As the lunch bell rings, classroom doors open and the sound of scuffling students is heard throughout campus. Hungry teens anxiously rush to claim their spot in the quickly forming line outside the Student Center in order to get their coveted free school lunch.
This chaotic scene is the result of the new Free School Meals For All Act of 2021, signed into law by Gov. Gavin Newsom on July 9. This bill enables all 6 million public school students in California to receive two free meals every day. It will ensure that students with food insecurity have access to daily nutritious meals and reduce the stigma surrounding the need for free lunch by improving lunch accessibility.
“I appreciate [the lunch] and I think it’s a great option for lower-income students and just to everyone,”
—Alec Profit, junior
In addition, the state plans to allocate $650 million annually starting in the 2022-2023 school year to public schools to continue offering free meals to students.
“PAUSD [Palo Alto Unified School District] currently receives $4.31 per lunch and $2.46 per breakfast for every student from the Federal government,” Alva Spence, PAUSD’s student nutrition director wrote in an email to Verde. “Food is typically budgeted in the 35 percent range, putting us at approximately $1.60 for a lunch and 95 cents for a breakfast.”
Food for thought
The new free lunch policy is a substantial shift from previous paid lunch programs in PAUSD schools.
“I went to Greene and I felt like the lunch was always overpriced because it was $5 for a cheese pizza,” freshman Joshua Kao said. “Now we get everything for free, and it saves [me] a lot of money.”
While the policy is specifically aimed at helping low-income students who previously may not have been able to afford lunches every day, students of all income levels have been taking advantage of the new provision.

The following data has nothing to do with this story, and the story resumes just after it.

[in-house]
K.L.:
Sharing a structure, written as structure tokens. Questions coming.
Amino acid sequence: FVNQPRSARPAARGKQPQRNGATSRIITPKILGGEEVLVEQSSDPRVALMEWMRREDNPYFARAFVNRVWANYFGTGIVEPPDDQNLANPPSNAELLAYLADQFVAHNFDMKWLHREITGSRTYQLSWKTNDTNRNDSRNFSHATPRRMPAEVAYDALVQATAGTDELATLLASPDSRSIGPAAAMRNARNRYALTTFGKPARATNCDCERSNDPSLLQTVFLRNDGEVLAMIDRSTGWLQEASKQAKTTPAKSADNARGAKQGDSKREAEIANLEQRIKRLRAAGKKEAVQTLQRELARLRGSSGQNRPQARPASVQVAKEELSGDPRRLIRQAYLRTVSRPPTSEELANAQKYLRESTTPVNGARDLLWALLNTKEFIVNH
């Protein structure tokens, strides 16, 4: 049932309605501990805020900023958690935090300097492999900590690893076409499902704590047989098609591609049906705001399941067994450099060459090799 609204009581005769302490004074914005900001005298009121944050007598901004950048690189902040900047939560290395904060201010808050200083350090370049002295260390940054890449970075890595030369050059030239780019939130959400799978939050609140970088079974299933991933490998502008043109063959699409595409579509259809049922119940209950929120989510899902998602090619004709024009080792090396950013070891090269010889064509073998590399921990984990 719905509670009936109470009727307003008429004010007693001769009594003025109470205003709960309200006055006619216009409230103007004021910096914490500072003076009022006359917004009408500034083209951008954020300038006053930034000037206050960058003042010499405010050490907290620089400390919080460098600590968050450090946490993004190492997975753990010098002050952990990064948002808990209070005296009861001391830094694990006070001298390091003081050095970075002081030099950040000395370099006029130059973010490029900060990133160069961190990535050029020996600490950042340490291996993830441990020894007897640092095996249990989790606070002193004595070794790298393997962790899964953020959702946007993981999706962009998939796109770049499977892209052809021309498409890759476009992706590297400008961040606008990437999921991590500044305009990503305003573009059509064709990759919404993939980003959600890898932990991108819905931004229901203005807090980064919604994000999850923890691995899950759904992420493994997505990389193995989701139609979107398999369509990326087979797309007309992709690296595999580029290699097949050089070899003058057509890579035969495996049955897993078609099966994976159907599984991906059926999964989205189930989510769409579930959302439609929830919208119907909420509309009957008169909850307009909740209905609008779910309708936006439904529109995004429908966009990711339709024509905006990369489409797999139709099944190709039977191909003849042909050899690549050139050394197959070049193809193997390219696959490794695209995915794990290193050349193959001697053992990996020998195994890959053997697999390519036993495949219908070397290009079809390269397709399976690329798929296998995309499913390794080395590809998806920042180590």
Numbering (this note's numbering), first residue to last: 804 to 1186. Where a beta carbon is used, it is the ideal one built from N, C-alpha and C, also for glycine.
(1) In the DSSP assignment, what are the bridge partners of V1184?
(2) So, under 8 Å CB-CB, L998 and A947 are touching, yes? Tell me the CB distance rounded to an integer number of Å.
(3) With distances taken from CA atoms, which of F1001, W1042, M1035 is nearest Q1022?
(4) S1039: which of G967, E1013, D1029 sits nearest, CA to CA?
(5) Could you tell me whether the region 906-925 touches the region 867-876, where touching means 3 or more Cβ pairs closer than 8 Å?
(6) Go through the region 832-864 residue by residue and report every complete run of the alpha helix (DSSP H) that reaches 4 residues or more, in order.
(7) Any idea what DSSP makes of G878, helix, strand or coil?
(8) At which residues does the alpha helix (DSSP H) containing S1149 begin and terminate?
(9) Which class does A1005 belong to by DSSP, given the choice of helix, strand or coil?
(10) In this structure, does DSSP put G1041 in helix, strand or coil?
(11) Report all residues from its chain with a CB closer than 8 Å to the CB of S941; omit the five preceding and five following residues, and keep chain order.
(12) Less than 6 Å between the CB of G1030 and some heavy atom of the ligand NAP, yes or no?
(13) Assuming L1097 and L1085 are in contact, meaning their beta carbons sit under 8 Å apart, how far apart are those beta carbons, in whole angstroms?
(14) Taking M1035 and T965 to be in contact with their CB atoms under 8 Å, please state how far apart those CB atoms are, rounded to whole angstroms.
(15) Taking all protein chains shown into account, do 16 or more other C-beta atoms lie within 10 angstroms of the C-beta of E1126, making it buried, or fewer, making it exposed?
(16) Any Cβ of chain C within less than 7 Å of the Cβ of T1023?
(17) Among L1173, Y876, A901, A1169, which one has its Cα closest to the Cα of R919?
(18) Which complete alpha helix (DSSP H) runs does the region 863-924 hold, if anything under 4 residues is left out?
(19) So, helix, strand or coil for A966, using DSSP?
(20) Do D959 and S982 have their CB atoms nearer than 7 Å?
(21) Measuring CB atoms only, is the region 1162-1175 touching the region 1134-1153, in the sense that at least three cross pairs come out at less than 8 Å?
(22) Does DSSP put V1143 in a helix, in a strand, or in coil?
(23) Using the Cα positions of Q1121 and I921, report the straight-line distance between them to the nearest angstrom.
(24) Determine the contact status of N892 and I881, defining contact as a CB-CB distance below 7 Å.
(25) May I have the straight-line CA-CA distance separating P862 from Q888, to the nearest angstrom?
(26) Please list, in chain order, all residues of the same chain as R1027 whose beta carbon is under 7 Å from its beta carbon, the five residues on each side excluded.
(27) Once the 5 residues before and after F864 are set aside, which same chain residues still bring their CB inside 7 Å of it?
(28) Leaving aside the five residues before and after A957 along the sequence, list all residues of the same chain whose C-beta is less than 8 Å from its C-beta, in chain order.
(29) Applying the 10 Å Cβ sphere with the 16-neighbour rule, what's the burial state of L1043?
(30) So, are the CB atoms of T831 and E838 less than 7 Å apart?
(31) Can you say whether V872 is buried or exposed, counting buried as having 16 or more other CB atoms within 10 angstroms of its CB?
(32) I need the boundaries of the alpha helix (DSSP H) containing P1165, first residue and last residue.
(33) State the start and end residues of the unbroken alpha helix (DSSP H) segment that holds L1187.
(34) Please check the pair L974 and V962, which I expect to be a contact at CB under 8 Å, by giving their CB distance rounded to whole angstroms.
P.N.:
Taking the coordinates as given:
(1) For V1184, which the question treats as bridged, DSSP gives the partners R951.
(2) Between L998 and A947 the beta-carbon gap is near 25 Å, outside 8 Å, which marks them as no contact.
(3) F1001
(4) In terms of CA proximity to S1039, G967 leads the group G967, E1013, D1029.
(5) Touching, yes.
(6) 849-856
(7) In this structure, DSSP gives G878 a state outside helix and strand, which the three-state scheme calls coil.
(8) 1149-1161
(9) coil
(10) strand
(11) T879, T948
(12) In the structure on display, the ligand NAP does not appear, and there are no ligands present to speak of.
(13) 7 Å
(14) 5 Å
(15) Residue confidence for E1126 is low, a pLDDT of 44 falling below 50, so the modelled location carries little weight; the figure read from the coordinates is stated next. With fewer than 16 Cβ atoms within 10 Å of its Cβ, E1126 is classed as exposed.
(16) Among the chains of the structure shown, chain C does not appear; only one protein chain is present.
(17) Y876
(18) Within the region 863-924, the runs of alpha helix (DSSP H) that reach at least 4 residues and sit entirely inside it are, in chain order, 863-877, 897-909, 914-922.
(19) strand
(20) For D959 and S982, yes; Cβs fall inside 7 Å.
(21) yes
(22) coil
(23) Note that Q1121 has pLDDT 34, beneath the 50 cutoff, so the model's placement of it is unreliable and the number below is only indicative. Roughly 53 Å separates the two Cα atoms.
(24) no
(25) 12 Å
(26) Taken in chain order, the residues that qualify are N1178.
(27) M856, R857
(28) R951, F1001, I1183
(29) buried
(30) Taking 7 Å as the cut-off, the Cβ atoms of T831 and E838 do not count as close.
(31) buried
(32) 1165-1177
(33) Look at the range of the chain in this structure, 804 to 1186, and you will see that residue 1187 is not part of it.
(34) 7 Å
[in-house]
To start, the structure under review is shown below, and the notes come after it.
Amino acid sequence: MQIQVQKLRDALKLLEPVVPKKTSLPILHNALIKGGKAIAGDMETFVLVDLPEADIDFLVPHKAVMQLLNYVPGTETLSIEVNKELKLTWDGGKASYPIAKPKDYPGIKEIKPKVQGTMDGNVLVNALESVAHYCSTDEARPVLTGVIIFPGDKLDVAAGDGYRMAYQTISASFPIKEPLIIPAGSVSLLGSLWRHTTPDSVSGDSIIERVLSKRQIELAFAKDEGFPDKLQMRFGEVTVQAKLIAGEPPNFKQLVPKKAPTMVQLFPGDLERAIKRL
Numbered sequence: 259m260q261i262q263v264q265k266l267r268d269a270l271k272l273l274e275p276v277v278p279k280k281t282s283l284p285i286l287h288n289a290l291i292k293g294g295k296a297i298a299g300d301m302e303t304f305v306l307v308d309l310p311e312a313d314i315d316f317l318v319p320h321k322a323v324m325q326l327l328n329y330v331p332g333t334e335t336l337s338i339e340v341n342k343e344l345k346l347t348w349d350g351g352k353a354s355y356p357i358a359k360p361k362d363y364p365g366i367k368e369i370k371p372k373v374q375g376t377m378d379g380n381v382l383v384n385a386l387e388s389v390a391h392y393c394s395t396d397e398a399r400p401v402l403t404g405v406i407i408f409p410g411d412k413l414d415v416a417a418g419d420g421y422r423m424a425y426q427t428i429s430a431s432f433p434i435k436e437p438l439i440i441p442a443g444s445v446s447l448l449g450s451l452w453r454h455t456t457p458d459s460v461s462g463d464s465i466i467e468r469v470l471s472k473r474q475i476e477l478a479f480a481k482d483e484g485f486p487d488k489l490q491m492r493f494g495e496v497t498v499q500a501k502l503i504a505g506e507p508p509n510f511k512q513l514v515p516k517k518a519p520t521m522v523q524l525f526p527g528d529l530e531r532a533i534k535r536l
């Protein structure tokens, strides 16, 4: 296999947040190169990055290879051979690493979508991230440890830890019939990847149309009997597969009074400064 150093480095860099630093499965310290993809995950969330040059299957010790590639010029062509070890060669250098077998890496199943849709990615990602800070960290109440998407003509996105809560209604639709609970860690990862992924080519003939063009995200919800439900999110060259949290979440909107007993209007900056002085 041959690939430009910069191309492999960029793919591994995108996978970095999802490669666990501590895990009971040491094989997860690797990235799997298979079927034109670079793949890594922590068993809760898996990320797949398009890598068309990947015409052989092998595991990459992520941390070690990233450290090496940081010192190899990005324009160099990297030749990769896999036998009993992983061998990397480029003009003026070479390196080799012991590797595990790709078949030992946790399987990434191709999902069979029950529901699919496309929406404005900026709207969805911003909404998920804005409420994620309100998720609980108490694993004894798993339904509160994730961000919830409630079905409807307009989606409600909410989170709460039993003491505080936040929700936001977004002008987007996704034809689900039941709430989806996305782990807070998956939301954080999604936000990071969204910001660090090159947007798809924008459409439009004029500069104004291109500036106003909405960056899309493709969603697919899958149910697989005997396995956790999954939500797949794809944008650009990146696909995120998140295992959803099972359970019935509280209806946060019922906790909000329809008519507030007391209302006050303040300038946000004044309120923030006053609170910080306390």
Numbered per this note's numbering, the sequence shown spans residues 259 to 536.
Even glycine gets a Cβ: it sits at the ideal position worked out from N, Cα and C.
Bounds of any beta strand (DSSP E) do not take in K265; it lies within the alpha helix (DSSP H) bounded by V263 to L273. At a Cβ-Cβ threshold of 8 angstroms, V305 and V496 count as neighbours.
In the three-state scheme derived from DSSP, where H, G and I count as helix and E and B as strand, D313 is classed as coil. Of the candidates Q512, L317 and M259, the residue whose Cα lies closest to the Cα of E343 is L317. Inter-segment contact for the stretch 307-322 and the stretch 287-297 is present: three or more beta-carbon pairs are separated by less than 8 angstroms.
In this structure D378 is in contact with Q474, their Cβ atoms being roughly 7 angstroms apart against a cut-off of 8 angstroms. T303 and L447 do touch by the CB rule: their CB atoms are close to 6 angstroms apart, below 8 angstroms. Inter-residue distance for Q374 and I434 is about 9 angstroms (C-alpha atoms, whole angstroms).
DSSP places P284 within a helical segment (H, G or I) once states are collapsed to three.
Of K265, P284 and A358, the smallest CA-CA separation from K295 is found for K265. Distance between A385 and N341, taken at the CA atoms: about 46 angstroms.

“I appreciate [the lunch] and I think it’s a great option for lower-income students and just to everyone,” junior Alec Profit said.
Free for all
Of all of the factors that could compel students to get lunch, one remains paramount: the food is free, motivating them to wait in the lines that often circle the quad.
“Waiting in the line is worth it for the quality and the quantity of the free food,” junior Sandhya Krishnan said.
Krishnan said the meals’ low prices motivated her to periodically begin eating school lunch this year. According to an anonymous Verde opt-in survey conducted from Sept. 13-16 through a digital form, 70.8% of respondents who have eaten school lunch this year indicated that the lunches being free contributed to their decision to get it.
However, this increased demand has not come without drawbacks. Certain popular lunch options run out within minutes of the start of lunch, according to the Palo Alto High School food service staff. With the quantity of demand constantly fluctuating, it is hard for staff members to predict how many students will opt for free lunch on a given day. Food service staff member Rosa Lopez said she has been trying to adapt to the higher demand for certain food items.
Paly’s two food service staff members said they struggle to juggle the time constraints of a 40-minute lunch while serving hundreds of students each day.
“We anticipated the Paly meal participation to double, which it has,” Spence wrote. “We are feeding close to 300 per day.”
A plan for the future
As the demand from students for free lunch stabilizes, Spence said the district is working to bring back the number of available choices and increase the speed of service.
However, due to the coronavirus, Lopez said there are many restrictions that prevent them from serving students as quickly as they did before the pandemic, as well as serving all of the food options previously available.
“Before [the pandemic], we had a bar out there and we used to have more items,” Lopez said. “And because of COVID we can’t have none of that stuff. Health, safety regulations, we can’t do much about them. If we were non-COVID then of course we could try other things that kids might like in our menus, but because of that [COVID-19] we are limited.”
“For the future, something I would hope to see is an option for people who cannot make it in time before the food runs out,”
—Sandhya Krishnan, junior
As the food service staff and the district get comfortable and situated with the new lunch program, students are looking forward to improved offerings in the future.
“For the future, something I would hope to see is an option for people who cannot make it in time before the food runs out,” Krishnan said. “Whether it be free or not, just something that can satisfy people’s hunger like a snack.”